The New York wordsmith, set to visit Thurber House this Wednesday, discusses his process and why writing about spies is so seductive.
Technique Talk is a weekly online Alive feature that spotlights the process of a Columbus (and sometimes beyond) artist. Know someone we should talk to? Send tips to firstname.lastname@example.org.
New Yorker Chris Pavone's stay in Luxembourg for a time as his wife worked a job there built the backbone of his first novel, "The Expats," the tale of a retired spy who becomes stay at home mom when her family moves to the European country. Pavone is coming to Columbus this Wednesday for Thurber House's excellent Evenings with Authors series. He briefed Alive on what advice he'd give to writers, where he works best and how his own life provides much inspiration for his stories. Perhaps Pavone is a spy himself? Dun-dun-duuun!
What kind of writing do you do?
An international espionage thriller about expats called"The Expats,"because I was an expat, in Luxembourg, and I love complex plots packed with surprising revelations.
When do you write and why?
In the morning, before I get distracted by other things.
How often do you write?
Every weekday, from 9 a.m. until I run out of energy or get hungry, whichever comes first.
Where do you write?
After I drop my children at school, I proceed immediately with my laptop to a members' club near my apartment in Greenwich Village. I've never been very successful working at home, where there's always a dinner to cook, or a room to repaint, or any number of things to do besides write.
What has been inspiring your work lately?
My hometown. Europe played a major role in "The Expats," and New York is important in the book I'm writing now, "The Accident."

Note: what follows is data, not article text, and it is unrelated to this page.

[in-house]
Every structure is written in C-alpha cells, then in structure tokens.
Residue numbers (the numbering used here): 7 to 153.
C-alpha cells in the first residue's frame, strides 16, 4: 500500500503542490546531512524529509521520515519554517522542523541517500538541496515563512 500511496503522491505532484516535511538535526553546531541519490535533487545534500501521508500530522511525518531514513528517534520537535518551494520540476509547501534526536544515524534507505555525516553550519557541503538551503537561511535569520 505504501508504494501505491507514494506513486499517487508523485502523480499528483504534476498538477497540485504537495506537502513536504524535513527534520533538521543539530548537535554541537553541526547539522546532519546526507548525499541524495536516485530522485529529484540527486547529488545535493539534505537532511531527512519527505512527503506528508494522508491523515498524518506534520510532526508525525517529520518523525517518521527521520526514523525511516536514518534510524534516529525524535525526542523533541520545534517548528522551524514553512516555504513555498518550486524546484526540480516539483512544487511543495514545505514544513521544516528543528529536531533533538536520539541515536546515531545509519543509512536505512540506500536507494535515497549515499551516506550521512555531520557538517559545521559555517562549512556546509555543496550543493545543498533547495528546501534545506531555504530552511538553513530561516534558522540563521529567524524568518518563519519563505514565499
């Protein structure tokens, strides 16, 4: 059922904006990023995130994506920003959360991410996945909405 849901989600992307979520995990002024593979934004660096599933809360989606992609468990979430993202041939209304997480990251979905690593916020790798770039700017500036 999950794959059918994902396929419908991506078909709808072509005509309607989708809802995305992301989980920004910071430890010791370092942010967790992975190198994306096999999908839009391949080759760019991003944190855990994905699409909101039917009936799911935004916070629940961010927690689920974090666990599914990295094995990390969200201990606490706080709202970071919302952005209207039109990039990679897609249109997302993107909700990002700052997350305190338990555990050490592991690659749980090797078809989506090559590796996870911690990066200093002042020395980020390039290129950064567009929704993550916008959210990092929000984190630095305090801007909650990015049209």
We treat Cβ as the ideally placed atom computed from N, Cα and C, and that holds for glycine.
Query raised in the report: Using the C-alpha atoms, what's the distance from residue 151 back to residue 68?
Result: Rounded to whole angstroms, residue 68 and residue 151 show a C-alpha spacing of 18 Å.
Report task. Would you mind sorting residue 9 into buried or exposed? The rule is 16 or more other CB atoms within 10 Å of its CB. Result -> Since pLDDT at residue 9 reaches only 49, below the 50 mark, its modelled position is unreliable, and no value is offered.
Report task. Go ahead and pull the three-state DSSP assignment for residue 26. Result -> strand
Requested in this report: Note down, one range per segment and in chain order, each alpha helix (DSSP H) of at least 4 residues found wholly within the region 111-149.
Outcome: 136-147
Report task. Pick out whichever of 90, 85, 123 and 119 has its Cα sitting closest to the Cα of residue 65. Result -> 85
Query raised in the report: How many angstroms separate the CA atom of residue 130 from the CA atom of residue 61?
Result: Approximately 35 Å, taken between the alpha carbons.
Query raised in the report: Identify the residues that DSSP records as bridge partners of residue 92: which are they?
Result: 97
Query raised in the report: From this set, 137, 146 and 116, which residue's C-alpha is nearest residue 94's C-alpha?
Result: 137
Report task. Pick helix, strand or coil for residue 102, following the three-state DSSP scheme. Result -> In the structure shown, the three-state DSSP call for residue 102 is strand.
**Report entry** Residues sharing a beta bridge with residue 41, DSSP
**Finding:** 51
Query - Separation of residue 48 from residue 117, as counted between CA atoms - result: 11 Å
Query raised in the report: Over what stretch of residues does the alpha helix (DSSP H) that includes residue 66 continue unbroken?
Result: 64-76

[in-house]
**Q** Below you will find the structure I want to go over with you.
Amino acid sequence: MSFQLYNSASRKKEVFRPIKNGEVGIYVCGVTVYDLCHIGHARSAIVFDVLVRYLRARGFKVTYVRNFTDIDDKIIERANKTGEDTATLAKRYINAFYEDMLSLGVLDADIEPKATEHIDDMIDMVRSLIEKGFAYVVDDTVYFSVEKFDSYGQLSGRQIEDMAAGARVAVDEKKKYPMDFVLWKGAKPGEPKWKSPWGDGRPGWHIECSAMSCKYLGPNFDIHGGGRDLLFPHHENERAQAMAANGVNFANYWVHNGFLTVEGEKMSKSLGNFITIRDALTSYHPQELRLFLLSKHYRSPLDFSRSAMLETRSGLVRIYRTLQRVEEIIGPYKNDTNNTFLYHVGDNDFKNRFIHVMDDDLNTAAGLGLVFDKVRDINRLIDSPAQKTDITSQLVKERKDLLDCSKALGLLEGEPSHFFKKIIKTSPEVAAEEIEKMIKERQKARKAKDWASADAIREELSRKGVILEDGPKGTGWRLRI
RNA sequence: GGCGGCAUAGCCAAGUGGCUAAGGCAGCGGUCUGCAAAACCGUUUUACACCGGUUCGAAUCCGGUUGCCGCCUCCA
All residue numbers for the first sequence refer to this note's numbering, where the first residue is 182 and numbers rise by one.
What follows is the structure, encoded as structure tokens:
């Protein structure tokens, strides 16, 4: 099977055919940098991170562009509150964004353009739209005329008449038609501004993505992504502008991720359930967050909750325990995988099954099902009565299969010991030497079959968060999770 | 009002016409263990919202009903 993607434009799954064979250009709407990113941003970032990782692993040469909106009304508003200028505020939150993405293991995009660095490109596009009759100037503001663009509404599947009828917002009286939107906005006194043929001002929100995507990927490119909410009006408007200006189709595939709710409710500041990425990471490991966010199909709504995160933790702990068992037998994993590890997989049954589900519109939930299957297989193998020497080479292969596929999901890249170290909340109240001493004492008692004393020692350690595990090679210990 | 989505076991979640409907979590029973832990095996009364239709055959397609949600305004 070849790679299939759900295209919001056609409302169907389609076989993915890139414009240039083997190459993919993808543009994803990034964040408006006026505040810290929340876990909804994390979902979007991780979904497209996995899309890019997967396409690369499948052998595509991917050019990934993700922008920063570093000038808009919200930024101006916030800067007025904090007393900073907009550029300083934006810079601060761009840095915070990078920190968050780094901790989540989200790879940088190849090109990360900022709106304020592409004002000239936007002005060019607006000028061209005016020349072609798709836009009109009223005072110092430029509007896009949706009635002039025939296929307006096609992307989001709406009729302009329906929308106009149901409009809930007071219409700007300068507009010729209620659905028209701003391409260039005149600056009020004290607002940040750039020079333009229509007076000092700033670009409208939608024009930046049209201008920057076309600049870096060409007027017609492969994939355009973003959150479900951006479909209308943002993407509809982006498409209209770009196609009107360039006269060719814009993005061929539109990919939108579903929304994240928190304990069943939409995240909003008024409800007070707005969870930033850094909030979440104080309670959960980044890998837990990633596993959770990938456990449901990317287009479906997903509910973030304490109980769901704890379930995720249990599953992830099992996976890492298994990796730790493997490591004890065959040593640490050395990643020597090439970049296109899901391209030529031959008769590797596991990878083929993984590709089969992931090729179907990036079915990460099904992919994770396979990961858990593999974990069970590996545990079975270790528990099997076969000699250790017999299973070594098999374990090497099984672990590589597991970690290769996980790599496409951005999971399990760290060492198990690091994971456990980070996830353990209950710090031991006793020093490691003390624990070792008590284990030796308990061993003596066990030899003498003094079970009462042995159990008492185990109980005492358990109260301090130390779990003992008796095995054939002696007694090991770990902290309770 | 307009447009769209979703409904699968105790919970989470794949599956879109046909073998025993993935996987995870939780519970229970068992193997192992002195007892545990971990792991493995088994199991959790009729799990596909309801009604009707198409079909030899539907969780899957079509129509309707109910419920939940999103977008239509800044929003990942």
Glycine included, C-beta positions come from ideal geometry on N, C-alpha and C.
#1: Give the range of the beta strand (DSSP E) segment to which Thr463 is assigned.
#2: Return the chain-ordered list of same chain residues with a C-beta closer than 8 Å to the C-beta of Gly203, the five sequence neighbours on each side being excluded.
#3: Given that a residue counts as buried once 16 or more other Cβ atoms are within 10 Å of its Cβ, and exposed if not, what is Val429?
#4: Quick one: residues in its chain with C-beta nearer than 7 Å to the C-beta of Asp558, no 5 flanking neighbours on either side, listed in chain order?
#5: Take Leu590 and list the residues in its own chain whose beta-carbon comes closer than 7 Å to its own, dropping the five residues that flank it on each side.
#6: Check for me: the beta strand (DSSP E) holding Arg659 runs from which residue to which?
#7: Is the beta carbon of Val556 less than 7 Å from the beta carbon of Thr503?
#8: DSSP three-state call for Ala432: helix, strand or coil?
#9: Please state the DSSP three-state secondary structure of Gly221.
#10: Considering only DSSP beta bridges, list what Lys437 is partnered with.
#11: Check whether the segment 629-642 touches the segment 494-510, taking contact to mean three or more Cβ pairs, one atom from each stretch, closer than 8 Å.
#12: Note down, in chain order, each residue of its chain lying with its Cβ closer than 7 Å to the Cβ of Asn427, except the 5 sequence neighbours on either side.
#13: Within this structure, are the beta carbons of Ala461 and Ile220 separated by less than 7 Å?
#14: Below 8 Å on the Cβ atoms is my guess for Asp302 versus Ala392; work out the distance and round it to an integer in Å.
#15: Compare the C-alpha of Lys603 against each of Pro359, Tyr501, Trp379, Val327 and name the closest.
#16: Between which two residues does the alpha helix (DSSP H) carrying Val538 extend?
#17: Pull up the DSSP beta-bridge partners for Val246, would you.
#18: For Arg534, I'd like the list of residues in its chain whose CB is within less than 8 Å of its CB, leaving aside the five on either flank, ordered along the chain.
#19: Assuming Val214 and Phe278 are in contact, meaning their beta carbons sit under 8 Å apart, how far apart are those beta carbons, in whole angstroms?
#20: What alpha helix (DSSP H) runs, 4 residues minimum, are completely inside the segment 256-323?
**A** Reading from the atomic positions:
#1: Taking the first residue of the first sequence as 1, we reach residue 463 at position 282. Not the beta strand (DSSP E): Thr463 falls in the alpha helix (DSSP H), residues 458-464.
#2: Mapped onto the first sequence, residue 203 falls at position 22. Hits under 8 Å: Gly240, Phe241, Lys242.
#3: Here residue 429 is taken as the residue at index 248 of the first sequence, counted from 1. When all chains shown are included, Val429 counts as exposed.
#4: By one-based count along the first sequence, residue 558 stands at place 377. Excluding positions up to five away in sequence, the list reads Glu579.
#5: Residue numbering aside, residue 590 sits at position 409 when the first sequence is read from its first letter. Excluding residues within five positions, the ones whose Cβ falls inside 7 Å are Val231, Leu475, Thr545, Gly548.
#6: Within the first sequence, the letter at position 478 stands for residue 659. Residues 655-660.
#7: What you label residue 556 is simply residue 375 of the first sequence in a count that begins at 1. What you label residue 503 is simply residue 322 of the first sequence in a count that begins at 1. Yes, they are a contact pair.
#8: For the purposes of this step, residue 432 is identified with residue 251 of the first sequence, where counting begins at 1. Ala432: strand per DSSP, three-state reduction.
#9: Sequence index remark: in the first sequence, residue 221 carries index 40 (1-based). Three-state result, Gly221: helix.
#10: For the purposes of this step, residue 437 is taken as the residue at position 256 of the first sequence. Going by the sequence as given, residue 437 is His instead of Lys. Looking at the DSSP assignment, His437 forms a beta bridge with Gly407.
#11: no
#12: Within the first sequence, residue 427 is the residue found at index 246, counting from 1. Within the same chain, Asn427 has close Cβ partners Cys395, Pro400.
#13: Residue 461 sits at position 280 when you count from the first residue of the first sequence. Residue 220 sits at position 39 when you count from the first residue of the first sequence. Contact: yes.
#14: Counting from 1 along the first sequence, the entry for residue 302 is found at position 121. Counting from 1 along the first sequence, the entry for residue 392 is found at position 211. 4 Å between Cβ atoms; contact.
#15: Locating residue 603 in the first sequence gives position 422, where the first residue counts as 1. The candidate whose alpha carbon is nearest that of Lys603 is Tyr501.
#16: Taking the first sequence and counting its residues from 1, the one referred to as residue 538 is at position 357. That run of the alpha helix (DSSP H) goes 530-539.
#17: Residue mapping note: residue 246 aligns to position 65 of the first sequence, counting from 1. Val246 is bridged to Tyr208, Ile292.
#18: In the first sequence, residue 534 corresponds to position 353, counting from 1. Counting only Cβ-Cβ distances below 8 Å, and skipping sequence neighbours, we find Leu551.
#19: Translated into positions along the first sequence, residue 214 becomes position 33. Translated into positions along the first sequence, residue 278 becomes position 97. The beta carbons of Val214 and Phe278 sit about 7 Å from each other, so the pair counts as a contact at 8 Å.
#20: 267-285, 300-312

What advice would you give a new writer that you've found invaluable?
Edit yourself as much as possible. Then have other people edit you, and allow them to help you by really listening to their advice. I think all writing gets better with editing, sometimes immeasurably.
What do you do while you work?
Nothing. I work in a fairly busy place, with people coming and going all day, and staff serving drinks and food, and in summer a swimming pool on the roof. That's sufficient sound and vision. I can't stand being in a quiet empty room, but I'm also not very good at passive intake of media. It's a roomful of people that helps me concentrate.
Do you do a lot of research for your novels?
So far, my life has been my primary research. I don't particularly want to regurgitate other people's experiences onto my pages.
Do you ever experience writer's block? If so, what do you do to combat it?
Yes. So I start writing notes-character sketches or short scenes or plot ideas that aren't meant to be the prose for the manuscript, which takes the pressure off. Which is to say, I start writingaboutthe book instead of writing the book. And these notes inevitably lead to a new idea that I want to implement immediately. Problem solved.
Three artists, living or dead, that you would invite to a dinner party.
Peter Hoffer, Richard Silver and Henri Matisse, whose works are hanging in my living room.